Dodge City – The wickedest and most well-known of the Kansas cowtowns, Dodge City got its start before the cattle trade as a stop along the Santa Fe Trail and served as a civilian community to nearby Fort Dodge. Later it developed into a buffalo hunting town. In September, 1872 the Atchison, Topeka & Santa Fe Railroad arrived in Dodge City, which would initiate a tremendous growth for many years. When quarantine laws closed Wichita to the cattle trade, Dodge City emerged as the “Queen of the Cowtowns.” From 1875 – 1885, more than 75,000 head of cattle were shipped annually. Many thousands more were driven through Dodge to stock northern ranges or to be shipped from other railheads.  More …

Ellis – Primarily a railroad town in its early days, Ellis was laid out by the Kansas Pacific Railroad in 1873, though a post office had already been established in 1870. The first business was a merchandise store started by Thomas Daily. The town became a secondary shipping point for cattle herds in 1875, and as such, took on many of the same characteristics typical of other  Kansas  cowtowns. By 1880, the shipping trade was over. Today, the primarily agricultural town is home to about 1,800 people.

Ellsworth, Kansas Main Street, by Alexander Gardner, 1867

Ellsworth, Kansas Main Street, by Alexander Gardner, 1867

Ellsworth – Long before Ellsworth began to dominate the cattle market, it was already a turbulent place. The Smoky Hills region had long been home to the Cheyenne and other Indian tribes who roamed the area killing buffalo. However, when the Santa Fe and Smoky Hill Trails came through, they began to raid wagon trains and stagecoaches, prompting the building of nearby Fort Ellsworth, which later changed its name to Fort Harker. With the railroad extended its line to Ellsworth, the town quickly developed into a thriving cattle market, dominating other Kansas cowtowns from 1871 to 1875. With the flood of cowboys, also came gamblers, outlaws and the inevitable “unruly” women, and a bad reputation. As the era of the cattle drives passed, Ellsworth, like other cowtowns, became a solid business and farming community, today supporting about 2,000 people. More …

Great Bend – Before it became a town, the site that would become Great Bend held only a trading post on the Santa Fe Trail, which ran right through the Great Bend’s present-day Courthouse Square. The first settlers came to the area about 1870, living in rough dugouts and sod houses. The next year, the town was officially formed, soon becoming a secondary market in the cattle trade, complete with shoot outs, Texas cowboys and saloons. Afterwards, Great Bend settled down as a regional trade center. Today, it is the Barton County Seat and is home to about 15,000 people.  More …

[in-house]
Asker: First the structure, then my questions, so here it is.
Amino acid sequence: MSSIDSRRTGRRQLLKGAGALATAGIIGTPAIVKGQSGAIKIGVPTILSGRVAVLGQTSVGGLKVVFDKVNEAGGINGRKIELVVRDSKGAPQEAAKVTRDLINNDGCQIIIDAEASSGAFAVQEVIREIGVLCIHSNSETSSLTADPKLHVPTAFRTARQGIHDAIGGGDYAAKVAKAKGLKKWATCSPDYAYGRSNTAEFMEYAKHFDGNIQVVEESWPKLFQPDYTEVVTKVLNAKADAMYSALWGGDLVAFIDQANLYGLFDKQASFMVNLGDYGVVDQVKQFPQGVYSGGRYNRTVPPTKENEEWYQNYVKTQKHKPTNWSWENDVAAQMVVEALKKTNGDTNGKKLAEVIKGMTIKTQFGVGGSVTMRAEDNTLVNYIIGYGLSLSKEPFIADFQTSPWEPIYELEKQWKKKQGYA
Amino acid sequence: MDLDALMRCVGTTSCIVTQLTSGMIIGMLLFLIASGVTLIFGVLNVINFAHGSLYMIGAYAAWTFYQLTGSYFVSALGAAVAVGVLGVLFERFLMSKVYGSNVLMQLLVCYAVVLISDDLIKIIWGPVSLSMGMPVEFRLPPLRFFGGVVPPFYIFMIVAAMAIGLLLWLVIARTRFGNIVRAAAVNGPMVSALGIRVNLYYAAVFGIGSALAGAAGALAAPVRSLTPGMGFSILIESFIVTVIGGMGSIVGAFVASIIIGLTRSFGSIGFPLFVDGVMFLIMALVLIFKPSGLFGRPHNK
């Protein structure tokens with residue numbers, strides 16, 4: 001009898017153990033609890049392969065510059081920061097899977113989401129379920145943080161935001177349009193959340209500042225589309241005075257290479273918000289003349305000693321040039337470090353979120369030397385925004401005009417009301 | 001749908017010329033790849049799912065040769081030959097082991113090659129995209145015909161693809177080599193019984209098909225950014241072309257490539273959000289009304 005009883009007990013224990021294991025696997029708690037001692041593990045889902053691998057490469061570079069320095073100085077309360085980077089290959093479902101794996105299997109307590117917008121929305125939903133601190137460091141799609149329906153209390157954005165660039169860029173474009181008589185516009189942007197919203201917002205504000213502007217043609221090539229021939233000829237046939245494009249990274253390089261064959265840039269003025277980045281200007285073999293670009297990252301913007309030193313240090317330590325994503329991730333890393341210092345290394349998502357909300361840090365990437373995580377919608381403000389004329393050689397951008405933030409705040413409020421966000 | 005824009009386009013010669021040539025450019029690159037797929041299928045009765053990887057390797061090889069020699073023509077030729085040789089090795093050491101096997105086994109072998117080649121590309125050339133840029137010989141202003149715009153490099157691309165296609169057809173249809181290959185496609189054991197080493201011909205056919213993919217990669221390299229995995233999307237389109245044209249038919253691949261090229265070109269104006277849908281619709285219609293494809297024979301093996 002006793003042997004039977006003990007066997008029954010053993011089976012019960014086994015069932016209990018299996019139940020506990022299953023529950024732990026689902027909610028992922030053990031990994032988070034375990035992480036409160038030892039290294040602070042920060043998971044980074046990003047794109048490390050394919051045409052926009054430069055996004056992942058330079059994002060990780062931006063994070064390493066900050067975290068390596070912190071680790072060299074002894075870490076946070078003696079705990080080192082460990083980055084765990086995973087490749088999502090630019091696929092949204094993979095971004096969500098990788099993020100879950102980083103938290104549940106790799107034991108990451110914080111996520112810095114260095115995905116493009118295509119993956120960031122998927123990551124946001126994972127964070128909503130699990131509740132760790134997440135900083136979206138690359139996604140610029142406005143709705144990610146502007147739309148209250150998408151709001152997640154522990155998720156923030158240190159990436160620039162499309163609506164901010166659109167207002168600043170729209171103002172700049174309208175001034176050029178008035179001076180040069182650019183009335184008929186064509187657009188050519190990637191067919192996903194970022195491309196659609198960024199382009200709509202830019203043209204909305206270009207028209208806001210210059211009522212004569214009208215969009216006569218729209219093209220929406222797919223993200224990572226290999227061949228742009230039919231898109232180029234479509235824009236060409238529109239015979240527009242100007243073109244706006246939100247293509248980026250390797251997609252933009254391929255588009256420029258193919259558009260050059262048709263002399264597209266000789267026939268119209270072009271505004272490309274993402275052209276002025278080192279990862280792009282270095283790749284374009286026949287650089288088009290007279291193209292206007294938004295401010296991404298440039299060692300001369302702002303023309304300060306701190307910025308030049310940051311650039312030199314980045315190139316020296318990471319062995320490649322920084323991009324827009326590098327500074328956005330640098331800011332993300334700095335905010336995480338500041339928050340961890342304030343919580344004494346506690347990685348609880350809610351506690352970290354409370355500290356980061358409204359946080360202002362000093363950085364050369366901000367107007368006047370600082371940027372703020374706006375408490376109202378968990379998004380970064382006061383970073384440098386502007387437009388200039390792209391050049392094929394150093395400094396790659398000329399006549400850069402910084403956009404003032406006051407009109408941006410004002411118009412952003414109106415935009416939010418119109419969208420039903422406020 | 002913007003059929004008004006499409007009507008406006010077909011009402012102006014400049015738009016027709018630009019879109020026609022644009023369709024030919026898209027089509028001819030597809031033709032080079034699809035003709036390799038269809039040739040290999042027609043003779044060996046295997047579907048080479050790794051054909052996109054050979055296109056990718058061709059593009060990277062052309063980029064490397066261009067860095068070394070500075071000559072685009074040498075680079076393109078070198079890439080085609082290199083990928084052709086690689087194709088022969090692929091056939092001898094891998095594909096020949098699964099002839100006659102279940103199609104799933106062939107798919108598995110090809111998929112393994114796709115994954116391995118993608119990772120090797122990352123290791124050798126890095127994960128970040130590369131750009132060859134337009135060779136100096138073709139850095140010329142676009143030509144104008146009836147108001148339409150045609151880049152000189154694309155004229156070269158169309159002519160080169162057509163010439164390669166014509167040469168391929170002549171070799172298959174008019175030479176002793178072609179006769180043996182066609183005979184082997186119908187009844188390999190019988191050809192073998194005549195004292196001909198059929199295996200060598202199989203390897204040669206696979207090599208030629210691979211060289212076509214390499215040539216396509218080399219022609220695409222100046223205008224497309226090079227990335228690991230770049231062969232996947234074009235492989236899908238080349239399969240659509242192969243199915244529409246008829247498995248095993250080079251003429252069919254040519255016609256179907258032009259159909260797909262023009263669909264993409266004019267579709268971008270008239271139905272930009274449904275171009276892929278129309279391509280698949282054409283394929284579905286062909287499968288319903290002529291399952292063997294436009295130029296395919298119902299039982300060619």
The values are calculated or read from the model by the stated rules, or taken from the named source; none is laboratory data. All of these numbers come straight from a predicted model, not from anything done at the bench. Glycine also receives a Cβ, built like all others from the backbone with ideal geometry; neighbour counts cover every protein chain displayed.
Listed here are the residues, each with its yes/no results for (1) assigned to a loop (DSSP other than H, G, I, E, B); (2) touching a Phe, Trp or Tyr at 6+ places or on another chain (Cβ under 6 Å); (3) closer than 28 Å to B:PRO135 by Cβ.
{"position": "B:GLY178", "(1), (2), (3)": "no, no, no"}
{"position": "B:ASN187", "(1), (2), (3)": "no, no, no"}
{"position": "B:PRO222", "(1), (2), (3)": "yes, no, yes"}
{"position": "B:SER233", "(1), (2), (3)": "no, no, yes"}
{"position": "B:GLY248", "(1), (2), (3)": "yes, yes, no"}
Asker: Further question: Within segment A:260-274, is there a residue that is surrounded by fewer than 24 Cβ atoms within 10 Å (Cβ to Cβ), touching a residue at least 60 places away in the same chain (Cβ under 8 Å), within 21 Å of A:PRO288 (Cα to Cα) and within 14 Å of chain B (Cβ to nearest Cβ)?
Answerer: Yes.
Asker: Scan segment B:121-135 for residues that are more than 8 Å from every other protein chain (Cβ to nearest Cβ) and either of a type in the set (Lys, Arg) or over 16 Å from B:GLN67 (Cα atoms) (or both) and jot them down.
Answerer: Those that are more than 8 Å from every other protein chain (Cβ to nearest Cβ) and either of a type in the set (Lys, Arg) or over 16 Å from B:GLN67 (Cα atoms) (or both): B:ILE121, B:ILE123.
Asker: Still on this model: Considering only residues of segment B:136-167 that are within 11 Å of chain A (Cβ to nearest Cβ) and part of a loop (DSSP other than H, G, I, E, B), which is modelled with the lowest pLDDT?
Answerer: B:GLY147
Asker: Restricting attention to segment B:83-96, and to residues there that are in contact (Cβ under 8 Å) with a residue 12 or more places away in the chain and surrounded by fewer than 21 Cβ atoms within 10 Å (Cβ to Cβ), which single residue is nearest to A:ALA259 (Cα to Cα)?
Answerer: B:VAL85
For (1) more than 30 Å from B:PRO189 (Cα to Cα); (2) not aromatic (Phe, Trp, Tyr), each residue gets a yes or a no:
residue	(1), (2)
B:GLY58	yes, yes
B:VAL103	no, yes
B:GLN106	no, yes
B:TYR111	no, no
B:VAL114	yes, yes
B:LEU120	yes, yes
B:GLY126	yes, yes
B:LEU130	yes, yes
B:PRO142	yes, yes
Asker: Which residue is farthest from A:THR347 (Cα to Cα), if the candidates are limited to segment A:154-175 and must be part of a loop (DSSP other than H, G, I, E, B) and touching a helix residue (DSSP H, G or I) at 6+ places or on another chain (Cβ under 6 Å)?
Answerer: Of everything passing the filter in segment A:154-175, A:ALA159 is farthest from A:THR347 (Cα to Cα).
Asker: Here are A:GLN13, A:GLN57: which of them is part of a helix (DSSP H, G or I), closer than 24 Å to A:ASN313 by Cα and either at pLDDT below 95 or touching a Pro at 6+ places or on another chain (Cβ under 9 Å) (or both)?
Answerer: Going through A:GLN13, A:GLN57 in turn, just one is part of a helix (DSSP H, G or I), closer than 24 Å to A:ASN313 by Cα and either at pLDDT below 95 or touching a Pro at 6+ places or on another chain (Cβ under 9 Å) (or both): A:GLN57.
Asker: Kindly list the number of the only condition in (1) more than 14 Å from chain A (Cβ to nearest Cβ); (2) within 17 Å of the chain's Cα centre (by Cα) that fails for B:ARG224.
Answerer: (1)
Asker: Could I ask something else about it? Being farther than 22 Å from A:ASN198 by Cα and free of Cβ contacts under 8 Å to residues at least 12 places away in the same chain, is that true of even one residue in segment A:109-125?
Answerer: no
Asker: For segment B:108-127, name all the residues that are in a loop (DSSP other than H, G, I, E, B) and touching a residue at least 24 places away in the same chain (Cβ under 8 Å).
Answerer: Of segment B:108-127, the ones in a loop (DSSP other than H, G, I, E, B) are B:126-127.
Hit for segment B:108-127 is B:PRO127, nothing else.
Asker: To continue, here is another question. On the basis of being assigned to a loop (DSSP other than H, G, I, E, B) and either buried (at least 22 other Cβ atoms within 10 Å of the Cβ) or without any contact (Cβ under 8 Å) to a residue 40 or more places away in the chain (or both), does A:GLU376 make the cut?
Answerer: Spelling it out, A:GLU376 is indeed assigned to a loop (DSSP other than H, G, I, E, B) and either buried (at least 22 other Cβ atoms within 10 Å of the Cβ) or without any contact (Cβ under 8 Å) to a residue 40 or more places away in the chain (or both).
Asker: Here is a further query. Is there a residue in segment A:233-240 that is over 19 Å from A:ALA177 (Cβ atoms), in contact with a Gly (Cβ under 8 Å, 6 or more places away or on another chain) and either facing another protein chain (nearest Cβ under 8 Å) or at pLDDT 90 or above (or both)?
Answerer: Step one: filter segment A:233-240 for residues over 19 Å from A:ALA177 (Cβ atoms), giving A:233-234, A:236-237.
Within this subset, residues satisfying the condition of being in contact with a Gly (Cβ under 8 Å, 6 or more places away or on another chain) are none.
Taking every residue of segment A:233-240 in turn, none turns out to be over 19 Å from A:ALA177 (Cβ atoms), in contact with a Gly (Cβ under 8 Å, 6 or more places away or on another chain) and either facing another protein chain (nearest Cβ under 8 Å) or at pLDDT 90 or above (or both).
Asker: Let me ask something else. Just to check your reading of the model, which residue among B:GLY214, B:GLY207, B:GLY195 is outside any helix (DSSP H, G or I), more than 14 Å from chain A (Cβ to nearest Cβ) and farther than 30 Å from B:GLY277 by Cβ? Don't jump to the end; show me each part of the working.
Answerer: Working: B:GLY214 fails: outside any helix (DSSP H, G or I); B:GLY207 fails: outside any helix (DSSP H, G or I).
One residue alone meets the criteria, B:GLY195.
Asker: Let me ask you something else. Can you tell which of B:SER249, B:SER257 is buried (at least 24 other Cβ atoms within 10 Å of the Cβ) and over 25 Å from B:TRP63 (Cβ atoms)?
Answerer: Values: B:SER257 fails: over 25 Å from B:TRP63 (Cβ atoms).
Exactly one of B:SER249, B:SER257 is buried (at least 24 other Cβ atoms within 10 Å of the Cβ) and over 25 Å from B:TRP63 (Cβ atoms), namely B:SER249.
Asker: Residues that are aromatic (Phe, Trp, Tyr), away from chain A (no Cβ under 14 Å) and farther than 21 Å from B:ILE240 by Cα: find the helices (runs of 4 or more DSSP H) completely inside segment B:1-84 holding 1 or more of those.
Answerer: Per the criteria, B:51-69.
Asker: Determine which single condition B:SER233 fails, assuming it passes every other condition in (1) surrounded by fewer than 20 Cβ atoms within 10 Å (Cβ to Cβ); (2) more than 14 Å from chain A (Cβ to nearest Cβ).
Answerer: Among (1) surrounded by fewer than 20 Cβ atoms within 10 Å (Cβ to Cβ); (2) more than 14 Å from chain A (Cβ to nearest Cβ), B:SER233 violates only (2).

Hays City – Hays got its start in 1867 as the southern branch of the Union Pacific Railroad worked its way west. Hays City was named after Fort Hays, which was founded in 1865. Hays, like Junction City and Great Bend, was never a major cattle market, but did receive some business due its location on the railroad line and the ready market at Fort Hays. The combination of railroad workers, freighters, buffalo hunters, and soldiers, plus occasional cowboys, made it a very rough town for a number of years, at one time sporting 37 saloons and dance halls. A number of colorful Old West characters lived in Hays, including the Custers and the 7th Cavalry, Wild Bill Hickok, and William F. Cody, who acquired his nickname of Buffalo Bill by furnishing buffalo to feed the railroad workers in Hays. Today, Hays has a population over 20,000 and is the county seat of Ellis CountyMore ….

Hunnewell – In the 1880s, Hunnewell flourished briefly as a shipping point for Texas cattle. Located on the Kansas – Oklahoma border in Sumner County, the Leavenworth, Lawrence and Galveston Railroad provided quick access to the Kansas City stockyards. Typical of cowtowns, the business district of Hunnewell reportedly consisted of one hotel, two stores, one barbershop, a couple of dance halls, and eight or nine saloons. Also typical was that violence was not uncommon and was the site of the Hunnewell Gunfight in 1884. Though the town never grew very large, it dwindled with the loss of the cattle trade. Today it only has about 80 residents.